The Home-Buying Process

After 14 years in the mortgage business, I know one thing for sure...buying a home can be a stressful time!  Here I will try to help explain the process to make it as smooth and uncomplicated as possible. 

  • First, you need to complete a loan application, unless of course you are buying the home for cash.  **It is VERY important to get pre-approved before signing a contract to buy a home, so that you know how much you can afford, what your payment will be, and how much closing costs are.
  • Next, find a qualified Realtor to help you find a home, make an offer, and complete a sales contract to purchase it.  Your Realtor can help you decide how much to offer, whether or not to ask for the seller to pay your closing costs, etc.  You will also need to provide your Realtor with a Pre-Approval letter.
  • Once you have an accepted offer and the contract is executed, it is time to gather all of the items on the Document Checklist (below).  I can promise you that home buyers who get ALL of these items to their lender quickly will have a much smoother loan process.  It allows the lender more time to review your documents to ensure they don't have any questions and there are not any errors.
  • After you have provided your documentation and signed all of the application and disclosure documents, the lender will order a property appraisal from a licensed appraiser; title search and policy commitment from a local title company; income/asset verification, etc.  The file will be processed and sent to underwriting for approval.  During this time your lender may request additional 'approval conditions' for the underwriter.  This is NORMAL, and is part of approving your loan. 
  •  Once the file is 'clear-to-close' your lender will coordinate with the Realtors and title company to set a time for closing where you will sign all of the final loan/title/real estate documents to complete the home purchase.  CONGRATULATIONS YOU ARE A HOMEOWNER!

While many banks and mortgage companies can take 30-40 days or more to complete the mortgage process, Highlands Residential Mortgage routinely closes loans in under 18-20 days, and even faster when necessary.

Find out more.


Document Checklist

This is a list of documents that are most-often required at the time of your loan application.  The sooner these items are gathered and given to your lender, the sooner they can move your file into processing, underwriting, and ultimately closing!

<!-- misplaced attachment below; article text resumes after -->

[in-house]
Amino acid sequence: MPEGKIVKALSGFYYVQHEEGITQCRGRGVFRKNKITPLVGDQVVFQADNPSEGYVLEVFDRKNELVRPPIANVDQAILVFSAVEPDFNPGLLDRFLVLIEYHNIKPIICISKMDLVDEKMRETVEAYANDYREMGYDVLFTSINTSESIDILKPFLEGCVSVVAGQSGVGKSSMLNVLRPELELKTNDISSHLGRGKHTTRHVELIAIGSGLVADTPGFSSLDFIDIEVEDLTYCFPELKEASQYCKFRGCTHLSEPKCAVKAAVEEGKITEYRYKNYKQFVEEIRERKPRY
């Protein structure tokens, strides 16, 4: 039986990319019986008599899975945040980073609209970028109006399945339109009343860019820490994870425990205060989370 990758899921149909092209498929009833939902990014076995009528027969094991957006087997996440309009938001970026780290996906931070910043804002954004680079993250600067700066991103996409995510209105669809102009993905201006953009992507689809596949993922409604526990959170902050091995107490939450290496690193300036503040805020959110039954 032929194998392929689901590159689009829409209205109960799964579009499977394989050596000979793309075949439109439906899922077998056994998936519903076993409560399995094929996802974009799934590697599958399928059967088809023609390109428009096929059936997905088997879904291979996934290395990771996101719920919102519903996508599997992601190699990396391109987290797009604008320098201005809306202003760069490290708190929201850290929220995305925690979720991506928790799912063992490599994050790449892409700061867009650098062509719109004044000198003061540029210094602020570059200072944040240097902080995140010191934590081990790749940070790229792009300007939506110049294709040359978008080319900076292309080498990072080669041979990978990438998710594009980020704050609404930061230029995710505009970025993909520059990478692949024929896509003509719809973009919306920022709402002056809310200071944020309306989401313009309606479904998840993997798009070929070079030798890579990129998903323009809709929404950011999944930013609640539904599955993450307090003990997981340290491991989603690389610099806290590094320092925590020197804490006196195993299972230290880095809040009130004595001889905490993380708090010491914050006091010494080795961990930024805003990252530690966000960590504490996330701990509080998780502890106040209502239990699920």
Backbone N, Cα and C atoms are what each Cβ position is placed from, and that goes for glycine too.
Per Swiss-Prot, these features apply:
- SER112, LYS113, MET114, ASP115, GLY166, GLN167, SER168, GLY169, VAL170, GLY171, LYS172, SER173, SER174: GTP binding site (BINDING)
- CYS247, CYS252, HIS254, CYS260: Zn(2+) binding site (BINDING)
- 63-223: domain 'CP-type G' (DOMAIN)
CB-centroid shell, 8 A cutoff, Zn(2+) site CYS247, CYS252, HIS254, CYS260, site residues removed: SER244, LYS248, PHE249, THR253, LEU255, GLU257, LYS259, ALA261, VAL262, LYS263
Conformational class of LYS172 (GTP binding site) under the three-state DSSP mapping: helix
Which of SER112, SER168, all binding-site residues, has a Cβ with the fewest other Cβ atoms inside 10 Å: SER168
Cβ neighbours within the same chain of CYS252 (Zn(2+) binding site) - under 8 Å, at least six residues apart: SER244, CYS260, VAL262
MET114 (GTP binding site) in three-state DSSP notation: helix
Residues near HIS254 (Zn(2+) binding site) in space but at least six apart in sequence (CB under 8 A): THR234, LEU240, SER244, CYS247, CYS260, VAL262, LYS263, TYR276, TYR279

• Pay stubs (or monthly source of income) - most recent 30 days
  • Personal tax returns (all pages and all schedules) - last 2 filing years
  • Business tax returns (all pages and all schedules) - last 2 filing years - if applicable for self-employed
  • W-2's - last 2 years
  • 1099's - last 2 years - if applicable for self-employed
  • Bank statements (all pages) - most recent 2 months
  • Retirement or 401k statements (all pages) - most recent quarterly statement
  • Other asset statements  (all pages)- most recent 2 months or quarterly statement, whichever is applicable
  • Driver's License (or other state issued ID) & Social Security card
  • Fully executed sales contact - on home being purchased
  • Information on any current owned (or recently sold) real estate
  • Contact information for homeowner's insurance provider and a quote for annual premium 

Things to avoid during the mortgage process...

A house is one of the largest purchases most people will make, and getting a mortgage is an important part of that process.  To make things as smooth as possible, these things should be avoided prior to closing, or while working on a mortgage loan:

  • Don't change jobs/employers or become self employed - this can impact income calculation, job stability, or other qualifying related factors
  • Don't make major purchases (new car, furniture, appliances, electronics, etc) - purchasing these items can have an affect on credit scores and debt-to-income ratios required to qualify
  • Don't deposit large sums of money in asset/bank accounts (bonus, tax return, insurance settlement, inheritance, etc) - guideline requirements often large deposits require documentation as to the source of funds
  • Don't close or transfer any bank/asset accounts - this can affect the amount of down payment needed, reserves calculated, or length of time in accounts needed to qualify
  • Don't open new credit accounts or increase any liabilities (credit cards, signature loans, etc this includes co-signing for someone else) - this can have an affect on credit scores and debt-to-income ratios required to qualify
  • Don't go on vacation or leave town - there can be additional documents needed to complete the loan file for underwriting or closing

None of these things will absolutely disqualify someone from being able to qualify (or get approved) for a mortgage, but they are the most common things that can affect an approval during the loan process.  If any of these scenarios seem likely or unavoidable, simply contact Phil to discuss details and keep them from affecting a loan approval.

Still have questions..?

For more information, and to get other answers about buying or refinancing a home: